So far, so good. I have managed to steer clear of any stray corona viruses, touch wood with fingers crossed while standing up and turning round counter-clockwise seven times then throwing a pinch of salt over my left shoulder. No covid, regardless of number, has found its way across my threshold.
A couple of months ago, I let my guard down. Mind you, back in those distant days, the guards weren’t up very high. Self-isolating wasn’t a word yet. It still isn’t, really. It’s two words temporarily joined at the hyphen. Two months ago, when we were all that much younger, they weren’t even an item. Now they are.
While I was distracted by the viral thunderclouds gathering on the horizon, a nasty little tumour snuck through my defenses and hid itself somewhere in my internal waste disposal system. I didn’t see it coming, and I didn’t feel it land.
I noticed that my urine was changing. There was a time when it fairly consistently resembled either apple juice or lemon juice. Then, in early February, I stood at the toilet bowl and watched the stream turn to a darker shade of amber. Tea-toned pee, you might say. That doesn’t look right, I thought. Then, while shaving one morning, I noticed that the whites of my eyes were yellowish. So was the skin on my shoulders and upper body. That doesn’t look right, I thought.
I called my doctor, and she gave me a ticket to the lab where I peed into a bottle and bled into half a dozen little vials. She called me in for an appointment a few days later and told me my cholesterol was amazing. Other results, she said, pointed to an unhappy liver. She sent me downtown to the Gastro-Intestinal Clinic to find out what it would take to cheer it up. One CT scan and an endoscopic retrograde cholangiopancreatography later, the problem came into focus. A neuroendocrine tumour was knocking on the front door of my pancreas.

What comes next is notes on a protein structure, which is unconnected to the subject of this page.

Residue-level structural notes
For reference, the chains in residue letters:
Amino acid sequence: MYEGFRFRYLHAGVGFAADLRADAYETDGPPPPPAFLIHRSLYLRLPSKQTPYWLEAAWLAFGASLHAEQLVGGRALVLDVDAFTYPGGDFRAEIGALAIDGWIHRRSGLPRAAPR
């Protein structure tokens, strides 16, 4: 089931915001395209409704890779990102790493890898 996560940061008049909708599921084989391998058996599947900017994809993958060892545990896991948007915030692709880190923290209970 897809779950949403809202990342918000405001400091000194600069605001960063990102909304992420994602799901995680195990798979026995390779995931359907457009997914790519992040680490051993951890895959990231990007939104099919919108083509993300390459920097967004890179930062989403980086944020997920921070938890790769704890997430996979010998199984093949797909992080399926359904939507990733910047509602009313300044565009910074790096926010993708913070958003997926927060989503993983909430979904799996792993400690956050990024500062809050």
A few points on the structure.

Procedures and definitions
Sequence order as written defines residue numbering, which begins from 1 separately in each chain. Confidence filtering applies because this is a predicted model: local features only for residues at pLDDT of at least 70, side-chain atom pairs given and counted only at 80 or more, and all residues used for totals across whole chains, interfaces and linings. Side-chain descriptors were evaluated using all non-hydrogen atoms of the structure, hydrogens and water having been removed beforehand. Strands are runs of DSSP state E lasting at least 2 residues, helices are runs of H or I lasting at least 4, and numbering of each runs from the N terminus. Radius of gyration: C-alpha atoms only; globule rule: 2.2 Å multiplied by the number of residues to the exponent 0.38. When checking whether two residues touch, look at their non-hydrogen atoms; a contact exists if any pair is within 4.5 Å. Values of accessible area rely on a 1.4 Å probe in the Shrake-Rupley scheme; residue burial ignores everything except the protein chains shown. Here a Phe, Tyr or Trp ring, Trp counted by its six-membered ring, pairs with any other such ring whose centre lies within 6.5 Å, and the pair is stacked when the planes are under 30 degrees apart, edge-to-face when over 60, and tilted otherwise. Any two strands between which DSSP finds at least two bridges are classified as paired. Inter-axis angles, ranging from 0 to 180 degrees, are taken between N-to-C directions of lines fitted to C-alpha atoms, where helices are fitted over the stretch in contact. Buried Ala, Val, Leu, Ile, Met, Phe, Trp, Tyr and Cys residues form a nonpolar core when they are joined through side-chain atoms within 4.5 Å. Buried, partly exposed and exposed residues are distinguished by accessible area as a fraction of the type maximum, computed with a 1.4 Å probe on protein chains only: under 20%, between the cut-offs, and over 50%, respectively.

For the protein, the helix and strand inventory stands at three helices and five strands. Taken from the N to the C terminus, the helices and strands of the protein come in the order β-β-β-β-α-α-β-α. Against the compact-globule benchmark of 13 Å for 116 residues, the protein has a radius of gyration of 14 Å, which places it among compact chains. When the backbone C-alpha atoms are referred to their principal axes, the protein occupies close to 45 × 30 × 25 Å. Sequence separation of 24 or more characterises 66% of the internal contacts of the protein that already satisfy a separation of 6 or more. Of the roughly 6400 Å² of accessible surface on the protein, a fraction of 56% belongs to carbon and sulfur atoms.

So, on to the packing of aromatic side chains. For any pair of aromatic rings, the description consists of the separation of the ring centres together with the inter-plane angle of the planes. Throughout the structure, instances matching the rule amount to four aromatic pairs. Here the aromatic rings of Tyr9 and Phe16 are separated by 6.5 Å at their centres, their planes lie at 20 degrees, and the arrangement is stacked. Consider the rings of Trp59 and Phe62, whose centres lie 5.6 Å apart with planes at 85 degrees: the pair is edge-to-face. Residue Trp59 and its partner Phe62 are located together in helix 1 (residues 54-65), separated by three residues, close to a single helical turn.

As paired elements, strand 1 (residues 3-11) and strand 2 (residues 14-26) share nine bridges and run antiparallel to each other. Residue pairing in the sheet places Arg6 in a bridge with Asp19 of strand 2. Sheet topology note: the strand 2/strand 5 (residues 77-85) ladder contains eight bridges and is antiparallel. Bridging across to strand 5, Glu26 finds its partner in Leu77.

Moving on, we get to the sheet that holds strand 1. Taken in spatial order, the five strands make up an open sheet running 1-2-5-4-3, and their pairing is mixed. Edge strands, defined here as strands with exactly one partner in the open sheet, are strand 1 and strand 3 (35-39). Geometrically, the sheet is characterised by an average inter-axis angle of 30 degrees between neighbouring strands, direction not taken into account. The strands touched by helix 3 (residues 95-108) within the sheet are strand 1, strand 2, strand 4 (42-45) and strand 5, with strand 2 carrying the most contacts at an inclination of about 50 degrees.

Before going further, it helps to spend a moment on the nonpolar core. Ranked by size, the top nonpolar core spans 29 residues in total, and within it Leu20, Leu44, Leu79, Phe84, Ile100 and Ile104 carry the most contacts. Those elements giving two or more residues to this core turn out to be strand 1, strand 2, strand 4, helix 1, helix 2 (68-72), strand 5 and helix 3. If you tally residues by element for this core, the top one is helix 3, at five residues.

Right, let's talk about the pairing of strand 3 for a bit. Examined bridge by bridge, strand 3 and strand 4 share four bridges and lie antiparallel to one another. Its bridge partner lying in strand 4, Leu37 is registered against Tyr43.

Another CT scan showed it to be an unpleasantly aggressive little bastard. I’ve never been comfortable with aggression, but the tumour doesn’t care. It’s a carcinoma and it’s growing. At least now we know the extent of the problem. As luck would have it, I found a couple of oncologists in Kitchener who know of a solution. Chemotherapy is on its way.
I never thought I’d turn into the person who says, “Chemo isn’t fearful, it’s cheerful.” But here I am, saying it, even though I still haven’t sipped from this particular chalice.
I’m becoming increasingly resentful of COVID-19. The virus is like the large cement barriers placed down the centre of a highway. The ones used to stop us from crossing the line. It’s blocking access to our health care system, making us think twice before going for help.
COVID-19 isn’t stopping anything, but it’s slowing everything down. Wherever you look, there it is. It’s big, and it’s opportunistic. Whenever people drop their guard, let their attention lapse, another droplet of spittle slips through and another nurse goes into self-isolation.
Even in a pandemic, people need health care. Women still give birth; near-blind people need cataract surgery; people fall over and have their bones set; people with cancer lie down for a slow chemo drip. None of them have a straight path to treatment these days. It’s a long and winding road now, and we travel it at a reduced speed limit.
So there you have it. I shall make an effort to rejuvenate this web site. I don’t intend to live my illness out on Facebook, but I will drop a link to my blog whenever I update it. I will try to write my way through this stage of my journey. I promise to wash my hands after posting it. All I ask of you is that you wash your hands after reading it.
I fully expect this adventure to end well. Let’s sit back and see if it does.